• http://www.michaeljaccarino.com Michael Jaccarino

      I’ve used Lyft before and it was a completely enjoyable experience. Lyft does background checks on all their drivers prior to possibly hiring anyone. Those that do get hired then have to go through a background check. Additionally, they have $1,000,000 liability insurance. While I’ve never used Uber or Sidecar, I’m sure they have something in place as well.

      Additionally, I’m not sure why you would assume that tax dodging would be any higher for these services as opposed to any other freelancer or cab driver (how many do you think report their cash tips)? While I’m sure there are drivers of these services that won’t pay taxes, their income is recorded as payments is handled via mobile (including tips). Forms are then sent to the drivers and I’m sure these companies report the amount each driver made as they need to do a write-off (the companies receive all the money and then the money goes to the driver).

    • Slaggggg

      Pitbullstew – I can see you are getting so few taxi fares now you do nothing but post on these forums all day.
      What is pit bull stew anyway? Do you eat pit bulls? Gross. Sounds like you hate animals as much as you hate freedom from government intrusion in our lives.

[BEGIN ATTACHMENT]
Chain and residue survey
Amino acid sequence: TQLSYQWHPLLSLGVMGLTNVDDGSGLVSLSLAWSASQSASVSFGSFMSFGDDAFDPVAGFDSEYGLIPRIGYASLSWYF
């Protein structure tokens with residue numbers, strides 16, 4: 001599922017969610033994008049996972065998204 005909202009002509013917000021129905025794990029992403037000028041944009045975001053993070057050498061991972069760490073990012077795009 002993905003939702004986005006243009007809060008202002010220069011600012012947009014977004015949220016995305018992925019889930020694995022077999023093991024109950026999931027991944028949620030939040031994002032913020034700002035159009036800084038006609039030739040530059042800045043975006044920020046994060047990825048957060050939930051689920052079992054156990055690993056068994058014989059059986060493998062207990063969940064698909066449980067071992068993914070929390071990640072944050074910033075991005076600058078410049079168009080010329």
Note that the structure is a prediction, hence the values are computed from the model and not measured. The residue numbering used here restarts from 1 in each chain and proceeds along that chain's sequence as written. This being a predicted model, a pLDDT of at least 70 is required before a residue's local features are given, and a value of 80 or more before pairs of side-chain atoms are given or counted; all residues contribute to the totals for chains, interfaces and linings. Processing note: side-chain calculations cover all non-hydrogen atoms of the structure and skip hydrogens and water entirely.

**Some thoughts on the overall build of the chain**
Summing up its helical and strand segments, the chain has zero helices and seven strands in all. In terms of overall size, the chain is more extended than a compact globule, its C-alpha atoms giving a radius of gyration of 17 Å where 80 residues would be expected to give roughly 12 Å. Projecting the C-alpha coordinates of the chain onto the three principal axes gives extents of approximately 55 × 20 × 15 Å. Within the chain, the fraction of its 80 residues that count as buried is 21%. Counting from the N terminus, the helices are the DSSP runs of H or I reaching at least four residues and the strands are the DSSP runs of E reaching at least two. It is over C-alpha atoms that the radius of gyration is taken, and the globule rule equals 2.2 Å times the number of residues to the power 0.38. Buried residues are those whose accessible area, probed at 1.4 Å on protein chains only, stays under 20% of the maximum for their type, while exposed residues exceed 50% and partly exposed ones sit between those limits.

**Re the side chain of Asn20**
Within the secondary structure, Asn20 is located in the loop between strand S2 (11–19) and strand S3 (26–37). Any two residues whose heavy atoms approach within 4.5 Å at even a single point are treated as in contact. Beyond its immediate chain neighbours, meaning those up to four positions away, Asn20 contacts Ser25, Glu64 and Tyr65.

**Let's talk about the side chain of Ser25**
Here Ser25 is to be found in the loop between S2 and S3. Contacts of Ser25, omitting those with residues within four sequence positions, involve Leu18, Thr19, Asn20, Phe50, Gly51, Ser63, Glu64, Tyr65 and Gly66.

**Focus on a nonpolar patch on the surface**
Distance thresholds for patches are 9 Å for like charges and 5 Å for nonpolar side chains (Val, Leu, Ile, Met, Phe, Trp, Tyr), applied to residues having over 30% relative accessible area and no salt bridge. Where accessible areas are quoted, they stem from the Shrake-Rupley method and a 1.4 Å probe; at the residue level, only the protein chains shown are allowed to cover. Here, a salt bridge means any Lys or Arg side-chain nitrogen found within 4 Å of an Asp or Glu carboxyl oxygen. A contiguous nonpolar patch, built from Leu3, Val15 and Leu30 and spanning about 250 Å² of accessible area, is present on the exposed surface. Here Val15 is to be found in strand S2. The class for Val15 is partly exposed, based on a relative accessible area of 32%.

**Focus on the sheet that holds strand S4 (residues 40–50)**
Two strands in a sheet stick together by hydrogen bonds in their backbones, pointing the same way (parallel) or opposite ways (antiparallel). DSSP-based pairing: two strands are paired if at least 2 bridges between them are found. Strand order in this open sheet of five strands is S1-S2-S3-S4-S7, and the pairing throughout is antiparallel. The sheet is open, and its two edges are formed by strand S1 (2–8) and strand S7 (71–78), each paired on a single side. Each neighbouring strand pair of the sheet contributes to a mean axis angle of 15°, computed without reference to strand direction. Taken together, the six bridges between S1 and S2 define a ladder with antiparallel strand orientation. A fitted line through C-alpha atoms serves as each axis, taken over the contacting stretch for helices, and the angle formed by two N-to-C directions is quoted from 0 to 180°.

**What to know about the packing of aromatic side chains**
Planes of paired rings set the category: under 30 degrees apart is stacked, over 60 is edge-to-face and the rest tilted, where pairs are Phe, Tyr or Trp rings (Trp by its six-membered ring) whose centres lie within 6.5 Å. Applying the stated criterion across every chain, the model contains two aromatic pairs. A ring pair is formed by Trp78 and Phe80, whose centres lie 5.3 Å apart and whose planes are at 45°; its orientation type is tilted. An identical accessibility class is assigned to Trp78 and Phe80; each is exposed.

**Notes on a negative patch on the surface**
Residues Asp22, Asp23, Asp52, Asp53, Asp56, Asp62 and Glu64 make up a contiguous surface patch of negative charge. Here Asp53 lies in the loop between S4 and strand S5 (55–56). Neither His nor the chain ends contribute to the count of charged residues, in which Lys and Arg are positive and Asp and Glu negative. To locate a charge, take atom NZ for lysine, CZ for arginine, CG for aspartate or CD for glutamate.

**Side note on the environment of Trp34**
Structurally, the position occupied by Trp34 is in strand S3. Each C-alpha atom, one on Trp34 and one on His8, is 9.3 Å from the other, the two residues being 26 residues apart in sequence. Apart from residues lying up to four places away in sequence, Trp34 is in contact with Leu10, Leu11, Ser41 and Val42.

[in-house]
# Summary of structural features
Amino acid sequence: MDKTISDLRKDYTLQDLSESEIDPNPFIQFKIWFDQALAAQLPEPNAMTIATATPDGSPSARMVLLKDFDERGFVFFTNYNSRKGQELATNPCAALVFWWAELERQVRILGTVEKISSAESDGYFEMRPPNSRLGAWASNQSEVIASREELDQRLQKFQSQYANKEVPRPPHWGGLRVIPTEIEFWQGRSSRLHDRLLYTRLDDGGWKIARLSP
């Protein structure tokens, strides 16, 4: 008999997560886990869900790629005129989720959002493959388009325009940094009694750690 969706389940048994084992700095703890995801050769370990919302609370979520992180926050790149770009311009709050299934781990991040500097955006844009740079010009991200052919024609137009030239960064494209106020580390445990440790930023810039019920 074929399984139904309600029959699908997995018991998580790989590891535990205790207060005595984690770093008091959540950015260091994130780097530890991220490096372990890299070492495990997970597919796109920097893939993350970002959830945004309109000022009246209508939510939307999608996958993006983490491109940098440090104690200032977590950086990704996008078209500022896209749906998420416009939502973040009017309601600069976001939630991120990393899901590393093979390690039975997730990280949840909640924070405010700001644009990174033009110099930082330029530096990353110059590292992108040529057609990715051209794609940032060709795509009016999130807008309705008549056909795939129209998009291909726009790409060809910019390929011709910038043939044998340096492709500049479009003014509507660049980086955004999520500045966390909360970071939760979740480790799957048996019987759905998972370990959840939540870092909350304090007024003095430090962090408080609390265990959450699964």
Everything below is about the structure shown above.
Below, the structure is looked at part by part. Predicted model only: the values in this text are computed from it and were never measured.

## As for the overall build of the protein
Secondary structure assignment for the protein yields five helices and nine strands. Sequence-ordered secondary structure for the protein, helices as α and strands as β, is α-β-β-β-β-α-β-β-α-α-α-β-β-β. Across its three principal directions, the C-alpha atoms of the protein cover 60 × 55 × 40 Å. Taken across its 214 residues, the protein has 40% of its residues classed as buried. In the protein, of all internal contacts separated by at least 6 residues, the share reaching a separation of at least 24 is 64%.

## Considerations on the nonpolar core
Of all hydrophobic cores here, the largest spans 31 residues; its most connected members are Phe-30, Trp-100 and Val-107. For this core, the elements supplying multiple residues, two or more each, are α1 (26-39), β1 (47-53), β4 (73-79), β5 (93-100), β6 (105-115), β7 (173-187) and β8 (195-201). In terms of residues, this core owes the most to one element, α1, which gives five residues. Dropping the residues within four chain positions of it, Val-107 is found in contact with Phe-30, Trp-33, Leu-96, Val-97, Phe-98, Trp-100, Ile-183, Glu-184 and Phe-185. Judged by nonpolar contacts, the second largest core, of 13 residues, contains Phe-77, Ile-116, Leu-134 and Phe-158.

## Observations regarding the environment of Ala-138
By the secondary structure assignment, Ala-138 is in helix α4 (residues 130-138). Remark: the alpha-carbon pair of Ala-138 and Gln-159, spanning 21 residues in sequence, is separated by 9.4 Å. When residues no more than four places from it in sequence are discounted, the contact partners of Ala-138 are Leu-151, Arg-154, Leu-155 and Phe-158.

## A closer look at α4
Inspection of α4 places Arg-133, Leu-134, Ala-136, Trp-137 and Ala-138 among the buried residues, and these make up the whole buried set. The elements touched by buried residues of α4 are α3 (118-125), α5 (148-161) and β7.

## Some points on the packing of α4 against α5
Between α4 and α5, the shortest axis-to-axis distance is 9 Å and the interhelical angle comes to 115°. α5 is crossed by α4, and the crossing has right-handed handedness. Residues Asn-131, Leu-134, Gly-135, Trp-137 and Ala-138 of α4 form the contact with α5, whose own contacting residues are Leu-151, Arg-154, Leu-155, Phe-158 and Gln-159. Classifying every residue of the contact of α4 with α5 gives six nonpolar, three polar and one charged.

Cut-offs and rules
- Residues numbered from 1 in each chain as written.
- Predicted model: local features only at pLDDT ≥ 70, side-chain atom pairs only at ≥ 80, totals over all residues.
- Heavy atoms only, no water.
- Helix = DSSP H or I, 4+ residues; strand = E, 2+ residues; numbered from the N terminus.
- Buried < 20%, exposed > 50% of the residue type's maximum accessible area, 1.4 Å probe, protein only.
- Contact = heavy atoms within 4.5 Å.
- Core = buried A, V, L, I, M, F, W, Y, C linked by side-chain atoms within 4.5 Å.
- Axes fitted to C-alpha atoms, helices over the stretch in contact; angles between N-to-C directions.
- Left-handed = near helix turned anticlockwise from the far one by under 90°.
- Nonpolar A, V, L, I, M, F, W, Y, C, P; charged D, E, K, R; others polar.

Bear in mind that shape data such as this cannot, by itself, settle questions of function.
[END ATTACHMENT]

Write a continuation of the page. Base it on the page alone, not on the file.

• Guest

    Uber, I support you.

    Sidecar, I support you.

    Lyft, I support you.

    Taxis, adapt or die.

    • Mike

      Part of me agrees, but I do believe it’s important to have some standards that Uber, Sidecar, Lyft and any other taxi service must abide by. Having insurance appropriate for this type of operation is vital. Having proper training and background checks is vital. That said, Yellow Cab and STITA are some of the worst traffic offenders in the Seattle area, maybe an overhaul of how they all operate is needed right now.

      • Slaggggg

        Why? Does everything in life need to be regulated? What business does the government have telling these startups how to run their business? It’s a private transaction – I call a car, it arrives, takes me someplace, and I’m done. Nearly everyone (Who doesn’t own a taxi) loves Uber, Lyft, etc. Why do we need government to come in and mess this up ?

        • Guest

          Slag, just ignore Michael. As technocrats, we are not subject to the 19th-century laws of heretofore relevant politicians. We now make the rules.

  • Heather Arias

    I’ve used all three and I truly think Lyft is the best experience for the passenger. The drivers are so nice and fun.

    And if you haven’t tried it out yet, enter code “PROMO1” for a $25 credit. The code doesn’t expire and I’m almost certain it can be used in any city Lyft is available.